Adolf Hitler saw the division as a means to bind Spain more closely to the Axis cause. He therefore ordered that it be issued German equipment and transport and even pension payments. The division reached the Eastern Front by early October 1941 and soon proved itself in the difficult fighting before Leningrad, especially in the winter of 1942. Of the 47,000 men who fought as part of the division in its two years at the front, 22,000 became casualties, but forces opposite the Blue Division lost more than 49,000 men, according to Red Army estimates. Hitler called the Spanish soldiers "extraordinarily brave, tough against privations, but wildly undisciplined." Spanish improvisation was a constant irritant to the Germans.
With the Allied invasion of North Africa and the German reversals at Tunis and Stalingrad, Franco recalled the division in October 1943, replacing it with a legion of only 1,500 men. The division failed to achieve its goals of defeating communism, but it had another purpose as well: to demonstrate to Hitler that the Spanish would fight and take casualties in order to forestall any German plans to occupy Spain and seize Gibraltar. Undoubtedly, the Blue Division did impress Hitler on this point and helped to keep Iberia free of fighting in World War II.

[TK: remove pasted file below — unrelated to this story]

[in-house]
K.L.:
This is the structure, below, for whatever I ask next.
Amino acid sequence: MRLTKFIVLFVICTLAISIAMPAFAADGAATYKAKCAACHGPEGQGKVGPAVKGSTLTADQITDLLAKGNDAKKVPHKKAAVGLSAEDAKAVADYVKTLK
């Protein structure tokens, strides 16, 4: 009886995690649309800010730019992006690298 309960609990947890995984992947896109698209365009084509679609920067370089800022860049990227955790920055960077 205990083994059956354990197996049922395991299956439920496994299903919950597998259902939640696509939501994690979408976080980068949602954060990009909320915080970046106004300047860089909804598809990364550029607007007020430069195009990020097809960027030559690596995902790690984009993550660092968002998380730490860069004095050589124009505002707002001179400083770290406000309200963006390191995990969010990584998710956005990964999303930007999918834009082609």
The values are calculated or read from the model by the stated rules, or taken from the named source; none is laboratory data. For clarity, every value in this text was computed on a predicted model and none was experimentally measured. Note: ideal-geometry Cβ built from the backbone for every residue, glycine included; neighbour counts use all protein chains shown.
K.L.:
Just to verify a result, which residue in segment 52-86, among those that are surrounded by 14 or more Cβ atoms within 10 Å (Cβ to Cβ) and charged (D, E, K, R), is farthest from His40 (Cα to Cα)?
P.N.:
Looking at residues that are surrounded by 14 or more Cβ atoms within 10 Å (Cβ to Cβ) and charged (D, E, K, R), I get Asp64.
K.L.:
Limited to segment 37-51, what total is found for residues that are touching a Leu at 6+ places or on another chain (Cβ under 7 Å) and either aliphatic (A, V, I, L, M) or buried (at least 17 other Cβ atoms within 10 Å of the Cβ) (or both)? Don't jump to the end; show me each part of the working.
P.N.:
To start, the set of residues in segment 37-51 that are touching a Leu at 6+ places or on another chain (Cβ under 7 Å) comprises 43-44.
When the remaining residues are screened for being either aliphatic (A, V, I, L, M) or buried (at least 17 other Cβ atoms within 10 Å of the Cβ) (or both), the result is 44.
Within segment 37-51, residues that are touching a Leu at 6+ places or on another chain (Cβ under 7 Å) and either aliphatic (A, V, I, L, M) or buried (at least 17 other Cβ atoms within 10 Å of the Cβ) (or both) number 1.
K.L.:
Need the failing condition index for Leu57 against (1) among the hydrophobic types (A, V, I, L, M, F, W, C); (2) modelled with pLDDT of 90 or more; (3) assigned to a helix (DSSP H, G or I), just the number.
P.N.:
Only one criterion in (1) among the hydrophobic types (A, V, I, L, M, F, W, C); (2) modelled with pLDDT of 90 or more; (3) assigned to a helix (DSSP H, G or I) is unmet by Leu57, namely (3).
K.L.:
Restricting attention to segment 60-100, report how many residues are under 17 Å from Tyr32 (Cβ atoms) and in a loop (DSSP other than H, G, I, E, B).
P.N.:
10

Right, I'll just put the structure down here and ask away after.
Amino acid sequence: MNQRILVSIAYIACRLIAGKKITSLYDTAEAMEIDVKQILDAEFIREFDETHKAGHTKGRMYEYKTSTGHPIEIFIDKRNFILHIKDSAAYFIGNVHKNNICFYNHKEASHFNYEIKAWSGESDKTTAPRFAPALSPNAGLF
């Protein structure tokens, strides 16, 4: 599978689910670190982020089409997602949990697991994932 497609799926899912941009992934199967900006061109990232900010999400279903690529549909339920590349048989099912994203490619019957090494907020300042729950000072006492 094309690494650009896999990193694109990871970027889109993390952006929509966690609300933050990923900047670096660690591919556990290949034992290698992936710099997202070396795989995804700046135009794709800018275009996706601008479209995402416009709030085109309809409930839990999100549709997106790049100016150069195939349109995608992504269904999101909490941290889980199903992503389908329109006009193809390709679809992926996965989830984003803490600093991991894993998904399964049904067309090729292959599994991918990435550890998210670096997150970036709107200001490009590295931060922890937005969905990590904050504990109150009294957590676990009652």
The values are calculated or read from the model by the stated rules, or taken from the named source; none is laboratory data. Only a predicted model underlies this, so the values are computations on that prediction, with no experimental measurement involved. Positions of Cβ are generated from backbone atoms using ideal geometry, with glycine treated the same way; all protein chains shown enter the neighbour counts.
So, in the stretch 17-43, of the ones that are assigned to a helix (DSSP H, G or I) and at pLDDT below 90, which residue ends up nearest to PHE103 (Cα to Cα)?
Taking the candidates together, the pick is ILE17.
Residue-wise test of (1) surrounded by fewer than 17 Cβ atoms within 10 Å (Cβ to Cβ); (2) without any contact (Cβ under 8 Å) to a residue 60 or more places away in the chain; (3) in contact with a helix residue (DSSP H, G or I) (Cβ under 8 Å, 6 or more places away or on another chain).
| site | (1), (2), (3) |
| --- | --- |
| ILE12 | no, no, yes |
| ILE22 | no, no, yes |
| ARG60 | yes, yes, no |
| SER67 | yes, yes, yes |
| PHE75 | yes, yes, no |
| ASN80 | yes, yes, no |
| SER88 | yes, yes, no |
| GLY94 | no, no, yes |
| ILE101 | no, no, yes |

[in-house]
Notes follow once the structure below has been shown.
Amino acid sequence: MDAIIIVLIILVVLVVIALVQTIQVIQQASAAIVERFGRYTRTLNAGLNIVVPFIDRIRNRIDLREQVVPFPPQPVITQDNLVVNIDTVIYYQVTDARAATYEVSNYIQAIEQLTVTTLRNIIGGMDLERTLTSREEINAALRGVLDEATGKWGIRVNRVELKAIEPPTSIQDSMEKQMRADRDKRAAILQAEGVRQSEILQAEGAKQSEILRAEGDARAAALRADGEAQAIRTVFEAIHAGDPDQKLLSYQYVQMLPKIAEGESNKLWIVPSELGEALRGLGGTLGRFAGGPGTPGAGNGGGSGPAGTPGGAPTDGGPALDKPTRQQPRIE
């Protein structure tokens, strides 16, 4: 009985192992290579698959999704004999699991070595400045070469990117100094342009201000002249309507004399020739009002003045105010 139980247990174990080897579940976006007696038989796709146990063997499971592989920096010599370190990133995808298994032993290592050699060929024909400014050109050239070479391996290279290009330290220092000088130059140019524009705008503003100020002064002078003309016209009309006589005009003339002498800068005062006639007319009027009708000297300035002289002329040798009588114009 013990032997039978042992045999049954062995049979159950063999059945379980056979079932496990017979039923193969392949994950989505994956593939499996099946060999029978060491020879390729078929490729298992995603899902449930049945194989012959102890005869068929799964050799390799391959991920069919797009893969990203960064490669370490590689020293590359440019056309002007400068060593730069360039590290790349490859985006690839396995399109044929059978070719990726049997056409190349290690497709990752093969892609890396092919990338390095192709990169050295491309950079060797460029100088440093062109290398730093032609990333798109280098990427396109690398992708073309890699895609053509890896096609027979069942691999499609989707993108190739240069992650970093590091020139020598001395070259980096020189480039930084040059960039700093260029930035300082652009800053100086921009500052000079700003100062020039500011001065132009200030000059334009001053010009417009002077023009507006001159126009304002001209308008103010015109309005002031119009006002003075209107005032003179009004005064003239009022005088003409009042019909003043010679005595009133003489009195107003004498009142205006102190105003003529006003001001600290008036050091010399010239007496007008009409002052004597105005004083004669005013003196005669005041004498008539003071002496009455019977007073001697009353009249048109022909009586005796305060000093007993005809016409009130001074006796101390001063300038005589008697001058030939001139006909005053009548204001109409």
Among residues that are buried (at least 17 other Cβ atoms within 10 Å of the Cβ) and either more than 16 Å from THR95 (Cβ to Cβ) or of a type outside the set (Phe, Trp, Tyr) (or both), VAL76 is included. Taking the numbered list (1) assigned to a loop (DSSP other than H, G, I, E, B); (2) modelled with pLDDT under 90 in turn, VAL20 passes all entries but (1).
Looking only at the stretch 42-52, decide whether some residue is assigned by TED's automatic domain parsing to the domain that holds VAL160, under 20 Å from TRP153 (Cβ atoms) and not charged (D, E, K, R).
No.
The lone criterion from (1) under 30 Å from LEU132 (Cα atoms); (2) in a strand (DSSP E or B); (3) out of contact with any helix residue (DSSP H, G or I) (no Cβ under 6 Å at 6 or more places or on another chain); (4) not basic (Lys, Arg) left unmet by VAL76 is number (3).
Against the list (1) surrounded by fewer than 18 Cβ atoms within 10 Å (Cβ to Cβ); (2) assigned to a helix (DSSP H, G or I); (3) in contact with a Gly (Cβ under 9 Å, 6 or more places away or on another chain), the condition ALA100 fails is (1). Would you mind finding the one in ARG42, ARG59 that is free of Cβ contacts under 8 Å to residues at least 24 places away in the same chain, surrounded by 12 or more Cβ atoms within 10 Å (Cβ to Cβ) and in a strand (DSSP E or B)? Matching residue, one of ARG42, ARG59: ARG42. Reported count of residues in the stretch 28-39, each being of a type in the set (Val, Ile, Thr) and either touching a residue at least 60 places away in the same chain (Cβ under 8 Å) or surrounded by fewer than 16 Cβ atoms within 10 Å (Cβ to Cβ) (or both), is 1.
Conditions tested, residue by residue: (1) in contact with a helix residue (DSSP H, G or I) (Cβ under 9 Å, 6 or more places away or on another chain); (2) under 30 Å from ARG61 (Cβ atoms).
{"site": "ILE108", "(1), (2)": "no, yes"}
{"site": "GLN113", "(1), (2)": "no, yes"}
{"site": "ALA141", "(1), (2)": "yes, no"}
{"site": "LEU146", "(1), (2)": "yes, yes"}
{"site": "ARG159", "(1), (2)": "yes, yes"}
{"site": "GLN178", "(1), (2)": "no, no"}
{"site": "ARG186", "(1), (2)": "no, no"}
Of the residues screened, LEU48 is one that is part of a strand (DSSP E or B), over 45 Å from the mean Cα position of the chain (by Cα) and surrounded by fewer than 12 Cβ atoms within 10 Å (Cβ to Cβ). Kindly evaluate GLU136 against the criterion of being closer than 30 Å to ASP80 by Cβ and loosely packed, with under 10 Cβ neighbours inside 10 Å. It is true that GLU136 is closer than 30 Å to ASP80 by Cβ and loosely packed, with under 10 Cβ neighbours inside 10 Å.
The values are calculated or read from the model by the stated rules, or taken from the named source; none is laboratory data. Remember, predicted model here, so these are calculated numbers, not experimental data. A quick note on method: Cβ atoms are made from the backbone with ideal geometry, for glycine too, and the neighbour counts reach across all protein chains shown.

Andrew W. Lander
Kleinfield, Gerald R., and Lewis A. Tambs. Hitler's Spanish Legion: The Blue Division in Russia. Carbondale: Southern Illinois University Press, 1979.; Payne, Stanley G. Fascism in Spain, 1923–1977. Madison: University of Wisconsin Press, 1999.